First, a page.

Archaeological Hairstyling  SARAH PAVIS  ·  FEB 13 2013

Historians said ancient hairstyles were so difficult to achieve they had to have been wigs. Janet Stephens, professional hairstylist and amateur scholar, took that as a challenge.

Studying translations of Roman literature, Ms. Stephens says, she realized the Latin term "acus" was probably being misunderstood in the context of hairdressing. Acus has several meanings including a "single-prong hairpin" or "needle and thread," she says. Translators generally went with "hairpin."

The single-prong pins couldn't have held the intricate styles in place. But a needle and thread could. It backed up her hair hypothesis.

In 2007, she sent her findings to the Journal of Roman Archaeology.

In what may be the ultimate YouTube fashion how-to video, Janet Stephens walks through how she reverse engineered the elusive Vestal Virgin hairstyle from statues and then shows you how to braid and bind the hair to get that look that was oh-so fashionable 1800 years ago. It makes going to a museum feel like opening a copy of Elle magazine.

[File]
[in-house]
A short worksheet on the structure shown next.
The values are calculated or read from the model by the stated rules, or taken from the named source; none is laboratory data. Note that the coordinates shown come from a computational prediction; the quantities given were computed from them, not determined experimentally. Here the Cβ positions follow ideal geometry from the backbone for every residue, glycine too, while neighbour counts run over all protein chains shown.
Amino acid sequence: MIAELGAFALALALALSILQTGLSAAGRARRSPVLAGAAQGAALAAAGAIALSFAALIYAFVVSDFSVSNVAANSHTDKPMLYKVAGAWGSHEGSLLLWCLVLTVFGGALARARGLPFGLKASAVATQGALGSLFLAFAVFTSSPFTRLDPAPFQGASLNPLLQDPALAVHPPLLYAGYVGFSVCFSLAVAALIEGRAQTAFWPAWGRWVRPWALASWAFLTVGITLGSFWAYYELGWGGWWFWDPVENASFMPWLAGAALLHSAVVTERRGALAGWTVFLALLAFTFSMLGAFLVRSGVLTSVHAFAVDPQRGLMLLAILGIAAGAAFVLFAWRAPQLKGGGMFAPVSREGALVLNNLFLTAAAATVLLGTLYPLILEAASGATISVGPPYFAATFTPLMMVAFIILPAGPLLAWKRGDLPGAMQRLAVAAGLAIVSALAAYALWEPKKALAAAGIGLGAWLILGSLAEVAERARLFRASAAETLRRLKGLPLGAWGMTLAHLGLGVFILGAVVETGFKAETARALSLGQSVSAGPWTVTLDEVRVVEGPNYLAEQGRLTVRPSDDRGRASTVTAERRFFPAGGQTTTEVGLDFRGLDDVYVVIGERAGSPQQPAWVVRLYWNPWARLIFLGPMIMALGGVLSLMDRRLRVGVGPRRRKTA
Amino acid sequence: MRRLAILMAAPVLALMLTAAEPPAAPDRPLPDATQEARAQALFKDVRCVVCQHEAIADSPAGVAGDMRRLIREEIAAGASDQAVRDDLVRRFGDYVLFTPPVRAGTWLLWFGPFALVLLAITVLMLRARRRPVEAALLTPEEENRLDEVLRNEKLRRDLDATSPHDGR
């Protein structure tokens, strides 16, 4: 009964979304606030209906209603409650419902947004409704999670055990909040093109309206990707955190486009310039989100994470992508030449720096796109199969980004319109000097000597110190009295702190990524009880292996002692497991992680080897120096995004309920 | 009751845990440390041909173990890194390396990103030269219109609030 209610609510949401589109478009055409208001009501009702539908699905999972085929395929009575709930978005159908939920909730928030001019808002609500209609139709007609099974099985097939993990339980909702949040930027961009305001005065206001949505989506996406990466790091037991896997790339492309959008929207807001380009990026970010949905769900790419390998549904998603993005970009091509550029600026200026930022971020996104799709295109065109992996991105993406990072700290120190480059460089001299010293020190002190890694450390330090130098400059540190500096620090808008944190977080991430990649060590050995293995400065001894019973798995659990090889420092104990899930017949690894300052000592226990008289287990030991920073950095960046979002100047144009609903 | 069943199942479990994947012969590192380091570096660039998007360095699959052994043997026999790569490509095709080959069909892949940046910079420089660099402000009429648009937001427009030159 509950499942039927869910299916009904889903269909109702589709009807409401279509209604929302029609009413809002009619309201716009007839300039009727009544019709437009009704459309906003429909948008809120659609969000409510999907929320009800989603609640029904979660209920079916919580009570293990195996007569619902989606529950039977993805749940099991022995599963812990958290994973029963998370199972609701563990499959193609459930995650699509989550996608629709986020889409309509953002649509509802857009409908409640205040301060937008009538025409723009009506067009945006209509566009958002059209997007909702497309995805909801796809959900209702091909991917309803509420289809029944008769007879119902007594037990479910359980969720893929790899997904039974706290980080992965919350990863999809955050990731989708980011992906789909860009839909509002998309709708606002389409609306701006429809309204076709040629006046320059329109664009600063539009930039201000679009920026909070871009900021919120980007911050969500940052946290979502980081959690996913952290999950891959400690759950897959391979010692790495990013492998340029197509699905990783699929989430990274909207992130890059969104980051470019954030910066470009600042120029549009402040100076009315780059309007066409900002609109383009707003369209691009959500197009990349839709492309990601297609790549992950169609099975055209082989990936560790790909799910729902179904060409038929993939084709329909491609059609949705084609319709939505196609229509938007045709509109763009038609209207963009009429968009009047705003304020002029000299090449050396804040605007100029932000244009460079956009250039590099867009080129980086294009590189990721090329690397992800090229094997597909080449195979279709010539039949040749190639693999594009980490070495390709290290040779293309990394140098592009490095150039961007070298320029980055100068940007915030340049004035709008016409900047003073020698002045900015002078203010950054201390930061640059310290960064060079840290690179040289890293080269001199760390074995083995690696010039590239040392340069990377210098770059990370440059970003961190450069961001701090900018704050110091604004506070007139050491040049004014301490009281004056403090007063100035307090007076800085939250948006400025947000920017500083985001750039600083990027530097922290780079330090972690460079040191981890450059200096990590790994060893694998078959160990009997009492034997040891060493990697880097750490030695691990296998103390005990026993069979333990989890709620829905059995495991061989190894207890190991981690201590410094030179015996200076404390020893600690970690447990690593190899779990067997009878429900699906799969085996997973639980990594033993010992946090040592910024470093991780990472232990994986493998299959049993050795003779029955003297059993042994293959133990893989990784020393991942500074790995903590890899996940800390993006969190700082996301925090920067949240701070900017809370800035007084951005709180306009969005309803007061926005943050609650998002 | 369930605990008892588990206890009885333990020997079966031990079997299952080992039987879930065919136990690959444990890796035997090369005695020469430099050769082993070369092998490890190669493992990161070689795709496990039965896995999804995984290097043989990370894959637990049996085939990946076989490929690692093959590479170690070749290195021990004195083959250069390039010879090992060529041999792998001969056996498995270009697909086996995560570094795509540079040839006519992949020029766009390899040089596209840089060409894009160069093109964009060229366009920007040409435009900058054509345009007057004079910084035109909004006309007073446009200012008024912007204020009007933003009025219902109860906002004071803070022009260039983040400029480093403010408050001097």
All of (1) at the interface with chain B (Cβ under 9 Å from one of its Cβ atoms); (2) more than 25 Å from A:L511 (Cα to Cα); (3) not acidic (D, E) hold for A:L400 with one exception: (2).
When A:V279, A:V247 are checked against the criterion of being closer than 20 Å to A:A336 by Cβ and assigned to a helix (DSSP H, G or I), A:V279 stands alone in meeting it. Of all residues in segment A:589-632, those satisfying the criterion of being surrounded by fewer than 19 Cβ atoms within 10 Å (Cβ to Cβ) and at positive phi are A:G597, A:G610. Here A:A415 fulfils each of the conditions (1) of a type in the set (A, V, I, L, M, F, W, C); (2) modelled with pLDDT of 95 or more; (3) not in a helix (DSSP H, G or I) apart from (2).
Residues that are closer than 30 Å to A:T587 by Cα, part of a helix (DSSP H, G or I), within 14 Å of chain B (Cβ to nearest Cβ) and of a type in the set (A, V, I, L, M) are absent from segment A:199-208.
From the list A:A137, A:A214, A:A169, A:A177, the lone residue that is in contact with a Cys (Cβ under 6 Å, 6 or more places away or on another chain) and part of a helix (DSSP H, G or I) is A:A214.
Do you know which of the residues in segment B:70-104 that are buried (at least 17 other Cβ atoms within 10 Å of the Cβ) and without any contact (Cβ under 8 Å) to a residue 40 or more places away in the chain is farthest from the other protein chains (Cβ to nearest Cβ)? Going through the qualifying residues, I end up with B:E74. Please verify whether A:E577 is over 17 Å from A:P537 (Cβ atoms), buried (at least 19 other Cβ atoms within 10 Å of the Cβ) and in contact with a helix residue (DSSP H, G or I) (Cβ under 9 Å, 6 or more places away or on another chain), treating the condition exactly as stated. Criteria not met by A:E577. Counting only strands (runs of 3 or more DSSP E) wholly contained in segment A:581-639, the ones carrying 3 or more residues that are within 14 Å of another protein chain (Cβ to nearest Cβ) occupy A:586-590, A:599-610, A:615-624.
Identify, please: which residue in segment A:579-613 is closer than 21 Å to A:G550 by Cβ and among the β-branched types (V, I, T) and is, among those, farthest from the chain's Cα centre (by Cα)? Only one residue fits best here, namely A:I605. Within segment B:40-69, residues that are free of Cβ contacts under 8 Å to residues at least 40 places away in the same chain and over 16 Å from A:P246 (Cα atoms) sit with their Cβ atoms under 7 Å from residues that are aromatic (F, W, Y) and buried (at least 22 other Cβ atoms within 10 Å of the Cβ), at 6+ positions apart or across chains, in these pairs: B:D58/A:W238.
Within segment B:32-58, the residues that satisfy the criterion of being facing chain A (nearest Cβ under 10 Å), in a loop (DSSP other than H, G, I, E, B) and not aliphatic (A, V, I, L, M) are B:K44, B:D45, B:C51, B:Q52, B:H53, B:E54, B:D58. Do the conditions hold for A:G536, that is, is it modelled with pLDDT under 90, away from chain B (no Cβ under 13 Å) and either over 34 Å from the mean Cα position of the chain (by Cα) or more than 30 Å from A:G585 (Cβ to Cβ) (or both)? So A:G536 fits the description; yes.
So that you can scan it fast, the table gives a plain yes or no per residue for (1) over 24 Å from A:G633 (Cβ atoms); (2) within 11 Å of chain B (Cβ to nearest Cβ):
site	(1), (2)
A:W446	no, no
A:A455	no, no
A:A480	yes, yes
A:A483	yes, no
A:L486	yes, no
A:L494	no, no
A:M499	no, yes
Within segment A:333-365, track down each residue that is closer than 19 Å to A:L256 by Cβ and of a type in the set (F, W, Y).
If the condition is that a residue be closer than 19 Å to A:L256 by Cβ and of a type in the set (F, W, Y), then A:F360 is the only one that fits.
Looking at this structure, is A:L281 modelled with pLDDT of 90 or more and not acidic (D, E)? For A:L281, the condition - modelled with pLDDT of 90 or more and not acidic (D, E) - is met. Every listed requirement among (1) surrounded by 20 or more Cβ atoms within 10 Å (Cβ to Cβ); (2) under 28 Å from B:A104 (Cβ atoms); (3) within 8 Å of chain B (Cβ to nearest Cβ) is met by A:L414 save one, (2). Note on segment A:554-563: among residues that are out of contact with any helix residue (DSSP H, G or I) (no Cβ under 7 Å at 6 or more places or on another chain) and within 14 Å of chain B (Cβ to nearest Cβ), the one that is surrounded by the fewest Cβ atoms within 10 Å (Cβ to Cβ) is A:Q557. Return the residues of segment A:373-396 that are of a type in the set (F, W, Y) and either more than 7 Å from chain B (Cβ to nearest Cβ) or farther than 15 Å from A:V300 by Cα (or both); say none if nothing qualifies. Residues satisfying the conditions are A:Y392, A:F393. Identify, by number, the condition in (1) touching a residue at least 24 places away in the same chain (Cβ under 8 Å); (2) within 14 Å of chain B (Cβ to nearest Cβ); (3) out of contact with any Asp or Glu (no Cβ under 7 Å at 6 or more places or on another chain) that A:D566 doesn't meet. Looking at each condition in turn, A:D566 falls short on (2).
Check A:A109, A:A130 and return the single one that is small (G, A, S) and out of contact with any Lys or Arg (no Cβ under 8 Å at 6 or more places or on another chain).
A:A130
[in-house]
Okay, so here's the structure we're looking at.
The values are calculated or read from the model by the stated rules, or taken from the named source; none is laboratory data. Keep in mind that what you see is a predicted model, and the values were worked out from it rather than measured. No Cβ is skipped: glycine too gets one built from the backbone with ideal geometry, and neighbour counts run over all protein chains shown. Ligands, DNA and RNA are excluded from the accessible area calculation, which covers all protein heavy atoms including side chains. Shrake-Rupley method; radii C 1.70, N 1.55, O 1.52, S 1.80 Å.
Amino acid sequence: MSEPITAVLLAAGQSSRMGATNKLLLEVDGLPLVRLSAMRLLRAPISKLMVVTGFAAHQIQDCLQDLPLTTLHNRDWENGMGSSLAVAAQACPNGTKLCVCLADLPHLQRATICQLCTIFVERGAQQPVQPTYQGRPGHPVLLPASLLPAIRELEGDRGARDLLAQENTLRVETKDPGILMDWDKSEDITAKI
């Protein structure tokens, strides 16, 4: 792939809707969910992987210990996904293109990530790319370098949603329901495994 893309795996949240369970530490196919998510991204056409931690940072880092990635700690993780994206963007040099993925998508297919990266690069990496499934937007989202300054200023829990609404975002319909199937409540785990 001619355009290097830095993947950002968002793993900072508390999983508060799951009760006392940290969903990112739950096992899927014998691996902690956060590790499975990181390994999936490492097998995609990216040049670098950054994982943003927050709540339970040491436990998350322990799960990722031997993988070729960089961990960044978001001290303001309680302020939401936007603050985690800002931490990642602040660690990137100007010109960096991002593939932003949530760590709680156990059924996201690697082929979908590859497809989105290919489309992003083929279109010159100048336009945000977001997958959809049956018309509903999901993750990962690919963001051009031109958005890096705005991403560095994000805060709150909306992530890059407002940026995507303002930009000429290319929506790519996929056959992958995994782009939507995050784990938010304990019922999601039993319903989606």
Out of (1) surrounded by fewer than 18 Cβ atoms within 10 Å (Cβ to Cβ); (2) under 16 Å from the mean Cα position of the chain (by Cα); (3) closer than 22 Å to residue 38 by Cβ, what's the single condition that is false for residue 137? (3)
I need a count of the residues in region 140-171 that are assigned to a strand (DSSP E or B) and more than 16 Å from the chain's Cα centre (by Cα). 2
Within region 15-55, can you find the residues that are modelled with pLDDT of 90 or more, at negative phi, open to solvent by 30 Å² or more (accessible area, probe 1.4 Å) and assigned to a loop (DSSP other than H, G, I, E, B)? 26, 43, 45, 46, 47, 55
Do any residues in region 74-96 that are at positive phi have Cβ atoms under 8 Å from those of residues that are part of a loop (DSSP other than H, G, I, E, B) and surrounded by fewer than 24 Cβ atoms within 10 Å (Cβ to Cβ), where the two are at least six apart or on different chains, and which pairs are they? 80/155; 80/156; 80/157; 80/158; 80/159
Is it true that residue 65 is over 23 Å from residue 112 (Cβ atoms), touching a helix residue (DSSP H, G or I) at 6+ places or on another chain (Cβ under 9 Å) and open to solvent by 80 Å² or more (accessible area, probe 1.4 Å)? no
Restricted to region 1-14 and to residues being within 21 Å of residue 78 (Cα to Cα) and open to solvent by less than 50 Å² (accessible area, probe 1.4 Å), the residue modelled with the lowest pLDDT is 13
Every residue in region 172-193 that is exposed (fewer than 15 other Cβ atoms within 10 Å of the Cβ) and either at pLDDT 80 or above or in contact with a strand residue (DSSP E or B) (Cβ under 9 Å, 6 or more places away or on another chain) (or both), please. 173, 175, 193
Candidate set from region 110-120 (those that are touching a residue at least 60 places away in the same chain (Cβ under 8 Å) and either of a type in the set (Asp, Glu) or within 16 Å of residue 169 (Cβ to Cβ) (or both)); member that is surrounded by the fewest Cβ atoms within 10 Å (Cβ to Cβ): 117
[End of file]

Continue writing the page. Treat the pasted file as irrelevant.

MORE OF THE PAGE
kottke.org

Front page
About + contact
Site archives

Subscribe

Follow kottke.org on Twitter

Follow kottke.org on Tumblr

Like kottke.org on Facebook

Subscribe to the RSS feed

Advertisement

Ads by The Deck

Support kottke.org shop at Amazon

And more at Amazon.com

Looking for work?

More at We Work Remotely

Kottke @ Quarterly

Subscribe to Quarterly and get a real-life mailing from Jason every three months.

 

Enginehosting

Hosting provided EngineHosting